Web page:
In the summer of 2020, many, if not most, North American denominations of churches were forced to cancel their general assemblies, synods, and conventions. By the time the summer of 2021 arrived, the restrictions in many states allowed for these larger assemblies to convene and take up their annual work once again.


Growing anticipation for CRC’s next synod

One denomination that did not convene a synod this summer is the Christian Reformed Church in North America (CRC). The CRC’s “Council of Delegates” convened virtually in June to take up some of the work on synod’s agenda. The Council is the denomination’s governing board, consisting of one delegate from each of the 49 classes in the CRC, plus five at large delegates.1 Interested readers can find a report from The Banner that highlights a few of the items from synod’s agenda that were addressed by the Council, and a few that were not.2

The Banner anticipates Synod 2022 as “a defining moment for the relationship between the Christian Reformed Church and its members who identify as LGBTQ.”3 A special committee’s report on human sexuality and overtures pertaining to that report will surely be at the crux of such a moment. The report’s length (175 pages) and expansive scope preclude any exhaustive commentary in this space, but the full report4 and the committee’s summary5 are available at the links below.

There are, however, two aspects of the report that caught my attention.

First, the report affirms the CRC’s 1973 report on homosexuality, which the committee quotes, “We must distinguish between the person who is homosexual in [their] sexual orientation and the person who engages in explicit sexual acts with persons of the same sex.”6 They explain in their own words that “there is no sin in being attracted to the same sex.” It is sad, but not surprising, that this long-standing deviation from the biblical doctrine of human sexuality is not overturned or called into question.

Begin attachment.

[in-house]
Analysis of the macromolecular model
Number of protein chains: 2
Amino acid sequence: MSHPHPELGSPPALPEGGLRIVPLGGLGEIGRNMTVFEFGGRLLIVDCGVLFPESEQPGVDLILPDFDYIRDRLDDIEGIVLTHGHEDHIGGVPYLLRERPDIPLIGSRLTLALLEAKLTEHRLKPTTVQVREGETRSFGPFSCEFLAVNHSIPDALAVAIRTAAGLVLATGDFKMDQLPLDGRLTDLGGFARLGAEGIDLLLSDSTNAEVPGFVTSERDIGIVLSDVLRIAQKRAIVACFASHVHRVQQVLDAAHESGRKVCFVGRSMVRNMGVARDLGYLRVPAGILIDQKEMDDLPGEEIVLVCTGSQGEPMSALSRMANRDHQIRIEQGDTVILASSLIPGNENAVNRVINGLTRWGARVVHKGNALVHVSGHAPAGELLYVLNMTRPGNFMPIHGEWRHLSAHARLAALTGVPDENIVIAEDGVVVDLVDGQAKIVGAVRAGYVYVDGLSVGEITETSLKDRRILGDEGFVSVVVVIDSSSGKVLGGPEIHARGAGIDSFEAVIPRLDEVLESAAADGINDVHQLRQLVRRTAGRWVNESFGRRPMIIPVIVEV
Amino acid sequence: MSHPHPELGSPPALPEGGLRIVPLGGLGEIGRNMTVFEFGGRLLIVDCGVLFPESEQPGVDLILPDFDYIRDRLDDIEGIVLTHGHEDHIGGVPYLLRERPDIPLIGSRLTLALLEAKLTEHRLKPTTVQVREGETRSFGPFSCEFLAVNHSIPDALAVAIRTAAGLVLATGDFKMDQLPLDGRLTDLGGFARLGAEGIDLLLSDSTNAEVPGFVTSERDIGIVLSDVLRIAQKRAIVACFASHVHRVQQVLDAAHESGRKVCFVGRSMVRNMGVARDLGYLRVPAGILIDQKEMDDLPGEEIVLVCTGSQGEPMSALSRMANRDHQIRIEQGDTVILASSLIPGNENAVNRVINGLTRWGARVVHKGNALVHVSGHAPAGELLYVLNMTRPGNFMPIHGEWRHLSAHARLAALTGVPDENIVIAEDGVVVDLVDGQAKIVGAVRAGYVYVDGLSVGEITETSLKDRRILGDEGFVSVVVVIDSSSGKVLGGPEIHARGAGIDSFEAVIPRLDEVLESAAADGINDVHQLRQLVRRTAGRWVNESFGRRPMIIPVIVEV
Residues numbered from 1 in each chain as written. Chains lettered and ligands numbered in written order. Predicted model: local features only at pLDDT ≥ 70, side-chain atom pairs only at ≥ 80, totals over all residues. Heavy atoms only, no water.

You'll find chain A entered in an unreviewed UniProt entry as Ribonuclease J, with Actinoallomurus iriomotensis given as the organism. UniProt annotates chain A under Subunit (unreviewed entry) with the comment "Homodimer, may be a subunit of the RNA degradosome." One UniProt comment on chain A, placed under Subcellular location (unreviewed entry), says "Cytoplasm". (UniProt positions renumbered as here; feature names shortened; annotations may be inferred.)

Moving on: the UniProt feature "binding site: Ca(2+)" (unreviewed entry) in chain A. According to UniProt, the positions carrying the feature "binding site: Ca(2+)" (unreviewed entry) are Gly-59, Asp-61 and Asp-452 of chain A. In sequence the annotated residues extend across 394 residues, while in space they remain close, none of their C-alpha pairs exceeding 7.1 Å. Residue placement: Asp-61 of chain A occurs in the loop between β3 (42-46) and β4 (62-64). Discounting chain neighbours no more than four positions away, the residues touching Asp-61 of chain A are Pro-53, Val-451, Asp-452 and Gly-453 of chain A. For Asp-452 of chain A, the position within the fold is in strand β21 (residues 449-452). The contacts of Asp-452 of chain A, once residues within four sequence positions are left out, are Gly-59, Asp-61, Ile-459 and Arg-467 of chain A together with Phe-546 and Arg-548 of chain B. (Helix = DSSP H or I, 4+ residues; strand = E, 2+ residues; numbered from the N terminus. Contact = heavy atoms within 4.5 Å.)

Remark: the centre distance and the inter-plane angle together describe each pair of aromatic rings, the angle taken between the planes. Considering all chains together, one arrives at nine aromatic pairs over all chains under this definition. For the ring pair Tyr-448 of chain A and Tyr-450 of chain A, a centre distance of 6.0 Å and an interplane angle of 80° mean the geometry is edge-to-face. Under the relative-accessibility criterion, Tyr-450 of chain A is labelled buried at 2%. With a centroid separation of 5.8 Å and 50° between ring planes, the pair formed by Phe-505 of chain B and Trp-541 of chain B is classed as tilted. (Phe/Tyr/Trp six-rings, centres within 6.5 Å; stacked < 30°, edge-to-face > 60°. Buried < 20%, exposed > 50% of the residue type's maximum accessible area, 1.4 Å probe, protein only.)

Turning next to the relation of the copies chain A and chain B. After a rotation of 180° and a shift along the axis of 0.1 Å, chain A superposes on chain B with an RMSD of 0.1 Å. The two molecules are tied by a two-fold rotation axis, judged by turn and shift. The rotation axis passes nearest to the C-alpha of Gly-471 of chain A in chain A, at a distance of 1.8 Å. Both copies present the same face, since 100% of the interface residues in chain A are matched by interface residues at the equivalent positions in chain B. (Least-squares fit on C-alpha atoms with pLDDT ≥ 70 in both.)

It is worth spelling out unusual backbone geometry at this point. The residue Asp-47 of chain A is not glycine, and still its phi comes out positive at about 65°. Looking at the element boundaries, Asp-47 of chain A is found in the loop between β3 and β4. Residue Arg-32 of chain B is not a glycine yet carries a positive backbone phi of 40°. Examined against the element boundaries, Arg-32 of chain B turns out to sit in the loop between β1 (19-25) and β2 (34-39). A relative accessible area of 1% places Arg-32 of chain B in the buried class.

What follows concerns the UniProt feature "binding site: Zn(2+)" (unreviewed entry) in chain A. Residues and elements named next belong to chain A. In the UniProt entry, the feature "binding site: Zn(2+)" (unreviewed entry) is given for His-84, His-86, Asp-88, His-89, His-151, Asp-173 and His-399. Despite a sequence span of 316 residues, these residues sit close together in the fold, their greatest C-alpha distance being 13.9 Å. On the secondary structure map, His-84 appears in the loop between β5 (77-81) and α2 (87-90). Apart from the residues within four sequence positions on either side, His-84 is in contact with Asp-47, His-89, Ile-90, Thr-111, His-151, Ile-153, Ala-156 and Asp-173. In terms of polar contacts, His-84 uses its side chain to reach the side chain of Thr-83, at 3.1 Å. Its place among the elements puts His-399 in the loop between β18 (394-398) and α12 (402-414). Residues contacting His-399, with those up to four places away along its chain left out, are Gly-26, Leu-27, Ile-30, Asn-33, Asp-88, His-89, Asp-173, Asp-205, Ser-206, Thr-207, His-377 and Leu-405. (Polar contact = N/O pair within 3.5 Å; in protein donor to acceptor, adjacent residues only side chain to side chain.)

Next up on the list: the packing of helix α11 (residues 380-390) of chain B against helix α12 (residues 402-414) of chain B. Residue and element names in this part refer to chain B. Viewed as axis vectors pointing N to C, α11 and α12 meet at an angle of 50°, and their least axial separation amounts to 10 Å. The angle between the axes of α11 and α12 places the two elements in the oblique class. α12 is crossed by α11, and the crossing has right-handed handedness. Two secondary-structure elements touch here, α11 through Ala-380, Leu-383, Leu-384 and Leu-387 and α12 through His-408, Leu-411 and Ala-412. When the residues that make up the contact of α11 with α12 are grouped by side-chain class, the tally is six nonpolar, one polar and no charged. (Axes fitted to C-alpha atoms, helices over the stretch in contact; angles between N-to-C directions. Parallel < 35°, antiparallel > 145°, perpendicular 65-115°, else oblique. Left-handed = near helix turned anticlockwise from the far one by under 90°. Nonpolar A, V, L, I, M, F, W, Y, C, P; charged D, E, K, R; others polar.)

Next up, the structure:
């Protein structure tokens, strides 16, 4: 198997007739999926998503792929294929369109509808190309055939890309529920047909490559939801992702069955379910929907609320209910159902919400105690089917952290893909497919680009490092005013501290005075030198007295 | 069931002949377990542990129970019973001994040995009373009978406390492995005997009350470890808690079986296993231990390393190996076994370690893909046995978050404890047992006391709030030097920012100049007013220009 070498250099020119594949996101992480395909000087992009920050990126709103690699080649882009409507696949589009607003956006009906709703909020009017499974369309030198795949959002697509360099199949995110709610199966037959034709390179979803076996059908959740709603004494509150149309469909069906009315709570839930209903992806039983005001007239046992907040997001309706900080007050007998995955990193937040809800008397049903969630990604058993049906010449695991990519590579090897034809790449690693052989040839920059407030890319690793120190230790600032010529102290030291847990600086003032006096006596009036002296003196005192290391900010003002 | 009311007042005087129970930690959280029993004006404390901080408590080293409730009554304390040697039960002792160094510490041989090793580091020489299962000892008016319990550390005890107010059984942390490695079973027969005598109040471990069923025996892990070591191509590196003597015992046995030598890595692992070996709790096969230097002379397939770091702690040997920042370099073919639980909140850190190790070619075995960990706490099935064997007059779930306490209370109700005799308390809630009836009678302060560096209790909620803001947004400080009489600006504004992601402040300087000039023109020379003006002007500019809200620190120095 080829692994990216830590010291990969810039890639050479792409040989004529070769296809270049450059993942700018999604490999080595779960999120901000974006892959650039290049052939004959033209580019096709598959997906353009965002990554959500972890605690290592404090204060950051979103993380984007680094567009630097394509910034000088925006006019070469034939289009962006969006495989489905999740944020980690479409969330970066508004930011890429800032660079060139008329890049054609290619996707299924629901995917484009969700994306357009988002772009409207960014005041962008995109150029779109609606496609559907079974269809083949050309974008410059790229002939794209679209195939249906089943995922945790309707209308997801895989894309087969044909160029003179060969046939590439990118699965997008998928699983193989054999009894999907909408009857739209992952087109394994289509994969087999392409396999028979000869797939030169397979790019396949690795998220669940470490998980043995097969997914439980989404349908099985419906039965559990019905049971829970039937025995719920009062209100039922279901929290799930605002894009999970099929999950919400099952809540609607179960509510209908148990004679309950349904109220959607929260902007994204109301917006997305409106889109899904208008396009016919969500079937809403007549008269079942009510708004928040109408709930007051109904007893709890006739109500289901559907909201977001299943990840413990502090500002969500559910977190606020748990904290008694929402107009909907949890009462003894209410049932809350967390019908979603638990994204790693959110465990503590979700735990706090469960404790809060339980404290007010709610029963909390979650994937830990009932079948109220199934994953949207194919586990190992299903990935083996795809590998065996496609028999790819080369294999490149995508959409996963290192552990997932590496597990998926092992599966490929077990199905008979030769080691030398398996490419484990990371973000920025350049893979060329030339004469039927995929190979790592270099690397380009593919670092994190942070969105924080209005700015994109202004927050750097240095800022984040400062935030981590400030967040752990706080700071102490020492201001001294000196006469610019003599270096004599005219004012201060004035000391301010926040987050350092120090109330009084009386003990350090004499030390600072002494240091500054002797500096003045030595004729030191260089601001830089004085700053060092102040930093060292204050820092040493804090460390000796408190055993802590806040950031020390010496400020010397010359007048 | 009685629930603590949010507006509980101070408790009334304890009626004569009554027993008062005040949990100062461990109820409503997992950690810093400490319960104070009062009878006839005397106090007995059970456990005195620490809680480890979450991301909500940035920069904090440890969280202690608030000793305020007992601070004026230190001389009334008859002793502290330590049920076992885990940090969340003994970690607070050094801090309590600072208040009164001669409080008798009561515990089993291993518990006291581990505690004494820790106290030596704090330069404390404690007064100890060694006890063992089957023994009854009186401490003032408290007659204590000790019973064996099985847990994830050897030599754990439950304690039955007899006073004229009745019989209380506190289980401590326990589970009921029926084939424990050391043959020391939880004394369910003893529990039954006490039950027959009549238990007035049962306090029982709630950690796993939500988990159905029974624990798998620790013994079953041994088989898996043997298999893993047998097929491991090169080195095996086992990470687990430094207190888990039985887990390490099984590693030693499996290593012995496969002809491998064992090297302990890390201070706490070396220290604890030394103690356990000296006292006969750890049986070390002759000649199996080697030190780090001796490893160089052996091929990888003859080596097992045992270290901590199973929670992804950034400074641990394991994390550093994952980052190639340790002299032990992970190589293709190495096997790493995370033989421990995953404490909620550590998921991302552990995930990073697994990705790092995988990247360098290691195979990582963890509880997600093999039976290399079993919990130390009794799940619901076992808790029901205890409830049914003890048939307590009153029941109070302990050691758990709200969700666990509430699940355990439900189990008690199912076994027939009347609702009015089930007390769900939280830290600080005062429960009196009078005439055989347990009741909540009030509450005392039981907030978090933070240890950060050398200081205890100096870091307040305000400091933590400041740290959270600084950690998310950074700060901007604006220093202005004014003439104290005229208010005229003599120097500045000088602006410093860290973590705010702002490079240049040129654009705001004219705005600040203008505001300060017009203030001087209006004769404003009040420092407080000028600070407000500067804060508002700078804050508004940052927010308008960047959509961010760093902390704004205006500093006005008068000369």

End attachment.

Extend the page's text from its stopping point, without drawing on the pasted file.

Second, there are some commendable aspects of the committee’s report. One of them is the committee’s firm conclusion that “the church’s teaching on premarital sex, extramarital sex, adultery, polyamory, pornography, and homosexual sex already has confessional status.”7 Aside from the aforementioned weakness (affirming the report of 1973), the committee is bold in its conclusion that the Bible and Confessions condemn all sexual immorality as sin. The committee’s final sentence is powerful: “To refuse to uphold Christian teaching on sexual immorality would signal that the Christian Reformed Church in North America is deviating not only from Scripture but from the shared confession of the historic and worldwide church.” My personal observation is that this conclusion of the report seems to be the most controversial and divisive aspect of it; we shall see how Synod receives it next summer, D.V.


PCA 2021 General Assembly

If this discussion concerning special committee reports and human sexuality sounds familiar, that is because it is an issue (and an approach) that is plaguing more than just the CRC. The PCA had its own committee and its own report on human sexuality. In contrast to the CRC, the PCA’s committee report does affirm the biblical truth that homosexual attraction, not just activity, is sin. The General Assembly (GA) voted to commend the report, and approved overtures that harmonized with it.

These actions have been largely hailed as a victory for conservatives. Jon Payne (who wrote about these issues in advance of the GA) responded positively to the GA’s decisions. Payne calls the GA’s decisions a “clear message” that “the PCA doesn’t want a bigger tent,” (that is, making room for Side B Gay Christianity8), while also acknowledging “there is still much work to be done in these and other areas.”9 Carl Trueman offered his “outside perspective” (as a member of the OPC), calling the result “encouraging and surprising.”10